This is an extended version of the profile that appeared in the May issue of Investment Advisor, part of AdvisorOne's Special Report profiling this year's members of the IA 25, the most influential people in and around the advisor universe. See the complete list and Special Report schedule for extended profiles of all the 2011 members of the IA 25.

If Rep. Spencer Bachus, R-Ala., had his way, the Dodd-Frank Wall Street Reform and Consumer Protection Act, and the Consumer Financial Protection Bureau (CFPB) that the law created, would not exist.

Rep. Spencer Bachus, R-Ala.After being chosen last December to serve as chairman of the House Financial Services Committee, replacing Rep. Barney Frank –the Massachusetts Democrat and one of the authors of Dodd-Frank with whom Bachus shared numerous barbs during the conference debate on the legislation—Bachus pledged that in overseeing implementation of Dodd-Frank, his Committee would be “committed to going title by title through the 2,300-page Dodd-Frank Act to correct, replace, or repeal” provisions of the new law.

Since officially taking helm in January, Bachus and other GOP members of the Committee have wasted little time in their attempts to starve and water down Dodd-Frank. Depending on who you’re talking to, this could be a good thing or a bad thing.

While various Dodd-Frank rule writings over the coming years will impact how advisors do business, advisors should also pay close attention to whether Bachus will revive his bid to ensure FINRA becomes the self-regulatory organization for advisors. During the conference committee debate on Dodd-Frank, it was Bachus who inserted language giving FINRA oversight power over all brokers who become advisors. Rep. Frank, however, had that language taken out.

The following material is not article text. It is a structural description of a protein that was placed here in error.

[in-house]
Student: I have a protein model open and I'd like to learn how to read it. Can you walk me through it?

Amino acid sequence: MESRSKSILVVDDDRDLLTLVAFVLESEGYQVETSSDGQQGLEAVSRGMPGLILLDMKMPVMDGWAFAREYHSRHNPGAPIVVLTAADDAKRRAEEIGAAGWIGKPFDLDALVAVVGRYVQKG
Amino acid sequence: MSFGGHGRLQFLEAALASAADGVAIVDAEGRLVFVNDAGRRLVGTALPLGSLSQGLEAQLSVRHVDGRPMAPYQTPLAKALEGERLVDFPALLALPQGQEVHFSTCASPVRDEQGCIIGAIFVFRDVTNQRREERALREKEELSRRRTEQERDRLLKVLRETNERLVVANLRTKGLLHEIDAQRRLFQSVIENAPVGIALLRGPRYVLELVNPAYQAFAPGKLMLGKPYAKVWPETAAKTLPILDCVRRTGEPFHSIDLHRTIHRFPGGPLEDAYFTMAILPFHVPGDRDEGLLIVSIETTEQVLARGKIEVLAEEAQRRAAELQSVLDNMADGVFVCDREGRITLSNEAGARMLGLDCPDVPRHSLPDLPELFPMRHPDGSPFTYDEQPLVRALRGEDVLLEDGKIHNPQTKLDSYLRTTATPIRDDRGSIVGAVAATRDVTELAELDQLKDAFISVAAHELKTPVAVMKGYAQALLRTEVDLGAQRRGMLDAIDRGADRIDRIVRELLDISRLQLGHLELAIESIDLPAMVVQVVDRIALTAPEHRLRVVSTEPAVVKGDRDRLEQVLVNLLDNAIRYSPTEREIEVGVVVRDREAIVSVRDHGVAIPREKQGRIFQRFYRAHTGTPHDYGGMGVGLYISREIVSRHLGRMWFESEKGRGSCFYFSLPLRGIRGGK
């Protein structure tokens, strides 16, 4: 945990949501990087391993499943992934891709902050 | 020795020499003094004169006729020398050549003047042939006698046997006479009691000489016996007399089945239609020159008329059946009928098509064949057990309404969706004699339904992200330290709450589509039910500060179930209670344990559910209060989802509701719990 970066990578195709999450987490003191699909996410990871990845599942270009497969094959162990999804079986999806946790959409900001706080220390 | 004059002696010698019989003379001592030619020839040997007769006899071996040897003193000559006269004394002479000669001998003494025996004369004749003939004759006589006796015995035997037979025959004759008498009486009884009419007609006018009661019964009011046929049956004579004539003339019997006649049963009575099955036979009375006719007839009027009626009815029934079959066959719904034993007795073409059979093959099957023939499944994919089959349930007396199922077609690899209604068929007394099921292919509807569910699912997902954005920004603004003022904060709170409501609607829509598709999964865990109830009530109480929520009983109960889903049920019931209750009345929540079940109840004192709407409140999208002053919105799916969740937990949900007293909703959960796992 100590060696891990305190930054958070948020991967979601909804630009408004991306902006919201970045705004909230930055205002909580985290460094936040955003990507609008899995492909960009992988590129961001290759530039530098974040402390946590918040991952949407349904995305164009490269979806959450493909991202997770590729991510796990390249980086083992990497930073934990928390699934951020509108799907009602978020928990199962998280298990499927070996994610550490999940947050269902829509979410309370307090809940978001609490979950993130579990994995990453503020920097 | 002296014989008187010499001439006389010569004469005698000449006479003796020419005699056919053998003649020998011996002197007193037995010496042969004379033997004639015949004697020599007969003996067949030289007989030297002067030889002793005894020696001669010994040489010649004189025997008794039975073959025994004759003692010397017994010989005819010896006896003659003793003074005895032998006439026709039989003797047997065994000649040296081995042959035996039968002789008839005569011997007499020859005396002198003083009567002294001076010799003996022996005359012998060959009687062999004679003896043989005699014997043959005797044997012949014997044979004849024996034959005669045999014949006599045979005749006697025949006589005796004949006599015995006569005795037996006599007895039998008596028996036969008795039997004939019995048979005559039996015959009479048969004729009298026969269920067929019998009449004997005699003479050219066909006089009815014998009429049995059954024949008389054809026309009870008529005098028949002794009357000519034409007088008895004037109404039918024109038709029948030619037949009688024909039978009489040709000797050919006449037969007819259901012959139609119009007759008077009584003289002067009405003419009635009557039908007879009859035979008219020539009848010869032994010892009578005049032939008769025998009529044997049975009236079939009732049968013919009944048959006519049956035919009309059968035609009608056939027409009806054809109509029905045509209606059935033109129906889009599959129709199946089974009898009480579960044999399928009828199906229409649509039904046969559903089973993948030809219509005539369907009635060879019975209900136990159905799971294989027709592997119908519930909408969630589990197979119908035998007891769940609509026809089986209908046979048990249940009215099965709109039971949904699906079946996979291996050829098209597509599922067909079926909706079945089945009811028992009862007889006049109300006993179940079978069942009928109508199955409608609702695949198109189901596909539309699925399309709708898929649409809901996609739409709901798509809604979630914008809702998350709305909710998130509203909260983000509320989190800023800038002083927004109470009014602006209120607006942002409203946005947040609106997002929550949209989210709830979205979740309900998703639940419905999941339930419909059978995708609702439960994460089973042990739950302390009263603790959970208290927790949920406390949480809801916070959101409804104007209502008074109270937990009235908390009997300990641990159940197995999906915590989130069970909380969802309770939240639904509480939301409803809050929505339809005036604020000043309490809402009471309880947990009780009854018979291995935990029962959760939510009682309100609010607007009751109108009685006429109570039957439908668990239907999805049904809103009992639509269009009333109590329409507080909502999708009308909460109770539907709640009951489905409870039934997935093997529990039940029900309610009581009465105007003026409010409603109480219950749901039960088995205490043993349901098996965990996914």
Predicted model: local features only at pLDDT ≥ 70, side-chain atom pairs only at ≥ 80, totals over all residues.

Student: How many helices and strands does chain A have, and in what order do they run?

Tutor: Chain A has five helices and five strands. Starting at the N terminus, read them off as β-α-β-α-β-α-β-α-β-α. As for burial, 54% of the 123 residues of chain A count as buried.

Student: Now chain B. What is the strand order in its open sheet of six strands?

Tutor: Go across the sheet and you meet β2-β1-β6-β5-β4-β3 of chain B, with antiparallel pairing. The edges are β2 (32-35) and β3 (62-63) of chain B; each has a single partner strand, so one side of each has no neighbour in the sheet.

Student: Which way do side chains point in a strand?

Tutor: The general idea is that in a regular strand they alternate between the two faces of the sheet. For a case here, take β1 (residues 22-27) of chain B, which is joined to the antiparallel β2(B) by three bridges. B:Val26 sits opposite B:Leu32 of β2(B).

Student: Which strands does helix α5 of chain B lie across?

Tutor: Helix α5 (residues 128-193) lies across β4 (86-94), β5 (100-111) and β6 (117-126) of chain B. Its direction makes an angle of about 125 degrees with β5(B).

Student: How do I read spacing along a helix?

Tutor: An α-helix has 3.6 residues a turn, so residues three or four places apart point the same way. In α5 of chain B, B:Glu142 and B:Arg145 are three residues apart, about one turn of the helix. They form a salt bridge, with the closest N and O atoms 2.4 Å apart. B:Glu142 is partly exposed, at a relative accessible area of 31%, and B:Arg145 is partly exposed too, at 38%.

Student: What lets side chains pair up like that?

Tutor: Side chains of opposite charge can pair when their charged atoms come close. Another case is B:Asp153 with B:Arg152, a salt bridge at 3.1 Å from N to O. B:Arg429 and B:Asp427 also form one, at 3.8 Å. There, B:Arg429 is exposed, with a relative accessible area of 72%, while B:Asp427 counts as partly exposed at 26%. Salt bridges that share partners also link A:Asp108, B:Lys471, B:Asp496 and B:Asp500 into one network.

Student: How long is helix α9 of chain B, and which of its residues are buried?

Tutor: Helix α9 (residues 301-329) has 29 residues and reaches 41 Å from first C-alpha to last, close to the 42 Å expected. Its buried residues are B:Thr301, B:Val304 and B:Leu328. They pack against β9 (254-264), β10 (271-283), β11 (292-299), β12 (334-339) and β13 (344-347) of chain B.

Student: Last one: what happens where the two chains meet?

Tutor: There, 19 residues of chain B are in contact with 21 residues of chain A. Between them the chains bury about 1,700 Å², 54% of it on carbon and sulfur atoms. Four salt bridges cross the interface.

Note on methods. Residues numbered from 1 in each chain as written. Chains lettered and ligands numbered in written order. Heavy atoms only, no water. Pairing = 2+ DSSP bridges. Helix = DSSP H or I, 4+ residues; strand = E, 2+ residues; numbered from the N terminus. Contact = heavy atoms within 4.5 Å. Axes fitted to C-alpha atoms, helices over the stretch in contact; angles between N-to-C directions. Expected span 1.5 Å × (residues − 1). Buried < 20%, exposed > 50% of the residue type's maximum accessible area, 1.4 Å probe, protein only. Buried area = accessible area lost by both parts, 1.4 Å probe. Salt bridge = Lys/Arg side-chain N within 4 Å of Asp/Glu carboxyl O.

Bachus, like his GOP counterpart Rep. Scott Garrett, another IA 25 member this year, has also been vocal in his criticism of the SEC and in his reluctance to award the agency more funds.

Also high on Bachus’ list is reining in the CFPB, an agency that he has said will be “the most powerful agency in Washington” once it officially starts up in July, as it will be allowed to “regulate all consumer financial products and services,” and that the “definition of financial product or service will be defined by whoever is heading the agency.” Bachus recently introduced legislation to ensure that the CFPB is governed by a five-member bipartisan commission rather than a single director appointed by the president. “Having the CFPB led by a bipartisan commission received strong support from Republicans and Democrats in the last Congress because it makes sense,” Bachus said in a statement. “The CFPB will do a better job carrying out its mission if it is led by a bipartisan commission rather than a single director.”

Read more about the rest of the IA 25.

Don't see someone on this year's IA 25 that you think belongs there? Submit their name and your justification for why they should be considered among the most influential people in and around the advisor universe in the Comments field below. We promise to consider reader nominations, but please, no ad hominem attacks on those who were named in this or past years.–Ed.